Lively, entertaining reviews of, and essays on, old and newer films and everything relating to them, written by professional author William Schoell.

Thursday, September 3, 2015


Cornel Wilde
THE WALLS OF JERICHO (1948). Director: John M. Stahl.

"Whatever possessed him to marry such a creature?"

"You don't go living with somebody forever just because you feel sorry for them."

In 19th century Kansas, Dave Connors (Cornel Wilde) lives in the town of Jericho with his unhappy, tippling wife, Belle (Ann Dvorak). His old friend, Tucker Wedge (Kirk Douglas), who owns the town newspaper, is pressured into going into politics by his ambitious wife, Algeria (Linda Darnell), when she discovers Connors has similar ambitions and that she is attracted to him. An added complication is that childhood acquaintance, Julia (Anne Baxter), is now a grown lady lawyer who has developed a passion for Dave and vice versa. It all comes to a head when Dave and Tucker run for the same Senatorial seat, and a young lady named Marjorie (Colleen Townsend) is arrested for murder ... With this cast you might wonder why you've probably never heard of The Walls of Jericho and the answer is that the movie just isn't very good. It holds the attention, there's some decent acting and then some, but despite a couple of climaxes and anti-climaxes, it never quite comes to a full boil or distinguishes itself. Handsome Wilde [The Naked Prey] is as appealing and professional as ever; Baxter is overwrought but effective; Darnell [Day-Time Wife] makes an impression as a simmering small-town Lady MacBeth; and Kirk Douglas is most impressive of all in his fine turn as an essentially decent man overruled by his man-eating wife. Dvorak has one big scene but is otherwise criminally under-utilized in the picture. Barton MacLane, Henry Hull and Marjorie Rambeau have smaller roles and all acquit themselves nicely. Colleen Townsend [When Willie Comes Marching Home] had only a few credits but is fine.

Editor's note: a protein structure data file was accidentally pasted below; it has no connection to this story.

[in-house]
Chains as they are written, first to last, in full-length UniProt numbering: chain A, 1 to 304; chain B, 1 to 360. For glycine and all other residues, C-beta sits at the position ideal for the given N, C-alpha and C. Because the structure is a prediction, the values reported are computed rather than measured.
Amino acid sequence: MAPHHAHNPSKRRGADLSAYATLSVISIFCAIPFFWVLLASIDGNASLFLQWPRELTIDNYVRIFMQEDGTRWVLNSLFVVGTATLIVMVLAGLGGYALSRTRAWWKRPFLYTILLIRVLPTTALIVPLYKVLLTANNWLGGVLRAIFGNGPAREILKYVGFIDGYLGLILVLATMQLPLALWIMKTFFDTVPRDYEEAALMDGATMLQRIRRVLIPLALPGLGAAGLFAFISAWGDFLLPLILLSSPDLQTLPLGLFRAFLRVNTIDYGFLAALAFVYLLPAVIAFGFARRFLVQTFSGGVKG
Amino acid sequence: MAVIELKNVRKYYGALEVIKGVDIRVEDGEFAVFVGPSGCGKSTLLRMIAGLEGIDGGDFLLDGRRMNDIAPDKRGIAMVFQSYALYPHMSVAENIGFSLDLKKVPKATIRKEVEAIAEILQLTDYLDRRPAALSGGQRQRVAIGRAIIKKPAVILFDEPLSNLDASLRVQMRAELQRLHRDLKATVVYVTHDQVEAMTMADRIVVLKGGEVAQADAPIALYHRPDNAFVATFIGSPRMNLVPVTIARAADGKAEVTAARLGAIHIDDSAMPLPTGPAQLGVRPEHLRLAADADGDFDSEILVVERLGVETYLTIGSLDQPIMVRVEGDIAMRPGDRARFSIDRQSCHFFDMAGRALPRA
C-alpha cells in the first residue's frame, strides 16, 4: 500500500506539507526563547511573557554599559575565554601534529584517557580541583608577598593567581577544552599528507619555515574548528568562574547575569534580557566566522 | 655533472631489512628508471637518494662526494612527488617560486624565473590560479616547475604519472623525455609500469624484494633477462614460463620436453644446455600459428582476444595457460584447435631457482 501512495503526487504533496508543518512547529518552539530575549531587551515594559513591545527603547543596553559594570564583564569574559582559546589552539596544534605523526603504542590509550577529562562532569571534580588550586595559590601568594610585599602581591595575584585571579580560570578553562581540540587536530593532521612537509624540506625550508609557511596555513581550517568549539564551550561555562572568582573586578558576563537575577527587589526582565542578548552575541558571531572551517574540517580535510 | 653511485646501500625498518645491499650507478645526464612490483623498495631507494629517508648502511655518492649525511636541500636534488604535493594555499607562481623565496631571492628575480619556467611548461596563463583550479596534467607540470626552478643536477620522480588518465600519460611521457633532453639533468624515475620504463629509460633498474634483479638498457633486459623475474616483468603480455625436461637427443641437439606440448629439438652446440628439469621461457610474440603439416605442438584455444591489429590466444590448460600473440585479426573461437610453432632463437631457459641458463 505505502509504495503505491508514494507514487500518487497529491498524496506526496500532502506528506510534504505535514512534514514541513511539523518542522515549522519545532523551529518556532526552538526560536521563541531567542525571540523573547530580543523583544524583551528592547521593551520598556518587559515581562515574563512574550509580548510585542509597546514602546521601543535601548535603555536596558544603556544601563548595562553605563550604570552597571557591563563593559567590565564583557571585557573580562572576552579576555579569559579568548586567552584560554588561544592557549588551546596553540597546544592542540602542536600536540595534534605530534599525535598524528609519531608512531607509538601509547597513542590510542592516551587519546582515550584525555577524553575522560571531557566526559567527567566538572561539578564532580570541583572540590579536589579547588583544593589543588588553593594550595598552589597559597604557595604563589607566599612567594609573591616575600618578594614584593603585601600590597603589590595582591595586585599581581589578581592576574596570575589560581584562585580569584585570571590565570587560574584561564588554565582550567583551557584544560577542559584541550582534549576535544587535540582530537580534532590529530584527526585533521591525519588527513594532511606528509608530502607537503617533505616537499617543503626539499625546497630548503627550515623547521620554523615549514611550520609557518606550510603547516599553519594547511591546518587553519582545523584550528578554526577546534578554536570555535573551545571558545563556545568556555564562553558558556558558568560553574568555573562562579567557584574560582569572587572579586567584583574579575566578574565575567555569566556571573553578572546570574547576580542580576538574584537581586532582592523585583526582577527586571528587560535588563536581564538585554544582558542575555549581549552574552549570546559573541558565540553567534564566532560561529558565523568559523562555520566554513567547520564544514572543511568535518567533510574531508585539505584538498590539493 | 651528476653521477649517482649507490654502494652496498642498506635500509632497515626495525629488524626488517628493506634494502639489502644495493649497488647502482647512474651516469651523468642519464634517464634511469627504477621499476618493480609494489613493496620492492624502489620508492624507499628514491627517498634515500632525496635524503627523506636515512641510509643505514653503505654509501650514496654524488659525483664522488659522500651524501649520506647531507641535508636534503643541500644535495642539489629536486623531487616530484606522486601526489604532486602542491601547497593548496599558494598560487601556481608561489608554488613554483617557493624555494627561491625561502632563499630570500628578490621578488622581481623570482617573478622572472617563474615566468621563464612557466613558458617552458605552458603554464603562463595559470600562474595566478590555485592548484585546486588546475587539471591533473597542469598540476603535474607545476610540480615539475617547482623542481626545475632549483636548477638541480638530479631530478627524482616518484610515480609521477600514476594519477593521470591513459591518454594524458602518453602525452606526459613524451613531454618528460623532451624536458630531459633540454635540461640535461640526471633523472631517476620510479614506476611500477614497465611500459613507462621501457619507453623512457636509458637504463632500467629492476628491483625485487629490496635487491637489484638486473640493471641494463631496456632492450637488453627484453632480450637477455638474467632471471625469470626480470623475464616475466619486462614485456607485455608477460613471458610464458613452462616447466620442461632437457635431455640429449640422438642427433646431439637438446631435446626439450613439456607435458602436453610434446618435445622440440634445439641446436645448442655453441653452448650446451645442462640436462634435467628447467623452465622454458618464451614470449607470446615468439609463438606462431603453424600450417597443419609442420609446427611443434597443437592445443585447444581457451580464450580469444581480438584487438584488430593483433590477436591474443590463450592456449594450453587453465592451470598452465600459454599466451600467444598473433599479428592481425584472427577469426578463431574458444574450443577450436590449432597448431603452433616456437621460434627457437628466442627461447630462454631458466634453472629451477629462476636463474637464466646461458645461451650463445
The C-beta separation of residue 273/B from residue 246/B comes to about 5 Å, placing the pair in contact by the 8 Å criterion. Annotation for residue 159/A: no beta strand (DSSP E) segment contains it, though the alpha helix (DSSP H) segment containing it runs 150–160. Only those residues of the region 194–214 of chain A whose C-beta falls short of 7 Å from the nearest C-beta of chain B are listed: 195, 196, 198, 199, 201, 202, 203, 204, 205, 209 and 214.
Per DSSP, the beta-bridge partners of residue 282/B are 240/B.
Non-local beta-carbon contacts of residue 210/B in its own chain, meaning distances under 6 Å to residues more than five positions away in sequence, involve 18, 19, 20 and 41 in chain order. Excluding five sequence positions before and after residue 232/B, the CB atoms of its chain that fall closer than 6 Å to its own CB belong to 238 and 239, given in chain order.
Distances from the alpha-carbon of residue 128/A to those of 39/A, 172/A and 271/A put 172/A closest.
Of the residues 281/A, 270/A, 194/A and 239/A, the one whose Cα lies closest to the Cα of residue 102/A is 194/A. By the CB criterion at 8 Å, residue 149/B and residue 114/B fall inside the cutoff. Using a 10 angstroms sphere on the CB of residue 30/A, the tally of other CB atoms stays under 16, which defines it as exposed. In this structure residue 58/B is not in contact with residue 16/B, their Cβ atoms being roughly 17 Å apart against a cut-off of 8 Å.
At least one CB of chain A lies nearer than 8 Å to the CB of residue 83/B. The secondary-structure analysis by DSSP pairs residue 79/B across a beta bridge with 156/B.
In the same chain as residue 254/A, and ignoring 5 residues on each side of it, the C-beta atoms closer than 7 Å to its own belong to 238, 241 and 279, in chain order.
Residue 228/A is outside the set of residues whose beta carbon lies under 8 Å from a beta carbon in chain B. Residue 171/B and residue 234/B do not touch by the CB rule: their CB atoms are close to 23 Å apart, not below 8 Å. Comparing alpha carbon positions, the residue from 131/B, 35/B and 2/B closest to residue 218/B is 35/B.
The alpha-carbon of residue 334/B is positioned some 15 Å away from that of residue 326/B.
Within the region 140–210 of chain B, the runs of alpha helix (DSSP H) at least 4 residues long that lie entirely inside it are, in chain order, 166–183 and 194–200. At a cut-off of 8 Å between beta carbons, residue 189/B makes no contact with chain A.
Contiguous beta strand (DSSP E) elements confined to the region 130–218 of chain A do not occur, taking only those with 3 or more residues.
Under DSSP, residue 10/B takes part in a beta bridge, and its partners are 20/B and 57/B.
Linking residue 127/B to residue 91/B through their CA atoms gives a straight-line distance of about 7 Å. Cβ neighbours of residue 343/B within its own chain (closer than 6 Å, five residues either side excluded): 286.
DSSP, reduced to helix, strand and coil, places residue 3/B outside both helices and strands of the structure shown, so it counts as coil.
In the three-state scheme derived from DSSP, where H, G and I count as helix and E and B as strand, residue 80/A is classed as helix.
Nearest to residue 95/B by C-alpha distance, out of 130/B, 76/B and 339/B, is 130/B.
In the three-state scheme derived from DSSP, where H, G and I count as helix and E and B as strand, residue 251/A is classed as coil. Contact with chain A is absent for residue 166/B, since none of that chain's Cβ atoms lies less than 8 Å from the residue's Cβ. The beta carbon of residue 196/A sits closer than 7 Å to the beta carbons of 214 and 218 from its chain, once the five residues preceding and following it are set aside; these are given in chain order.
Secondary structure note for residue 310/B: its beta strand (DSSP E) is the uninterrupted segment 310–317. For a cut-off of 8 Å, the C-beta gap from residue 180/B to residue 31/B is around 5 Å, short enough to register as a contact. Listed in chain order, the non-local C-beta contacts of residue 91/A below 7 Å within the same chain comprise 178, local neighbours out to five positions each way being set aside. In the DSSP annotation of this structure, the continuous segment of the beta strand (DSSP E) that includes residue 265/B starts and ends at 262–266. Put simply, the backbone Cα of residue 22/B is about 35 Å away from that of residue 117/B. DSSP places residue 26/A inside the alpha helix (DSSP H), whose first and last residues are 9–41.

Verdict: Small scale small-town melodrama with a highly interesting and often adept cast. **1/2.


Gary R. said...

I assume you meant to describe Ann Dvorak's character as a "tippling" wife. According to the online Urban Dictionary, the slang word "tibbling" means something else again!

William said...

You can say that again! But who knows -- maybe she liked tibbling as well as tippling, LOL!

Thanks for the heads up -- I've changed the word.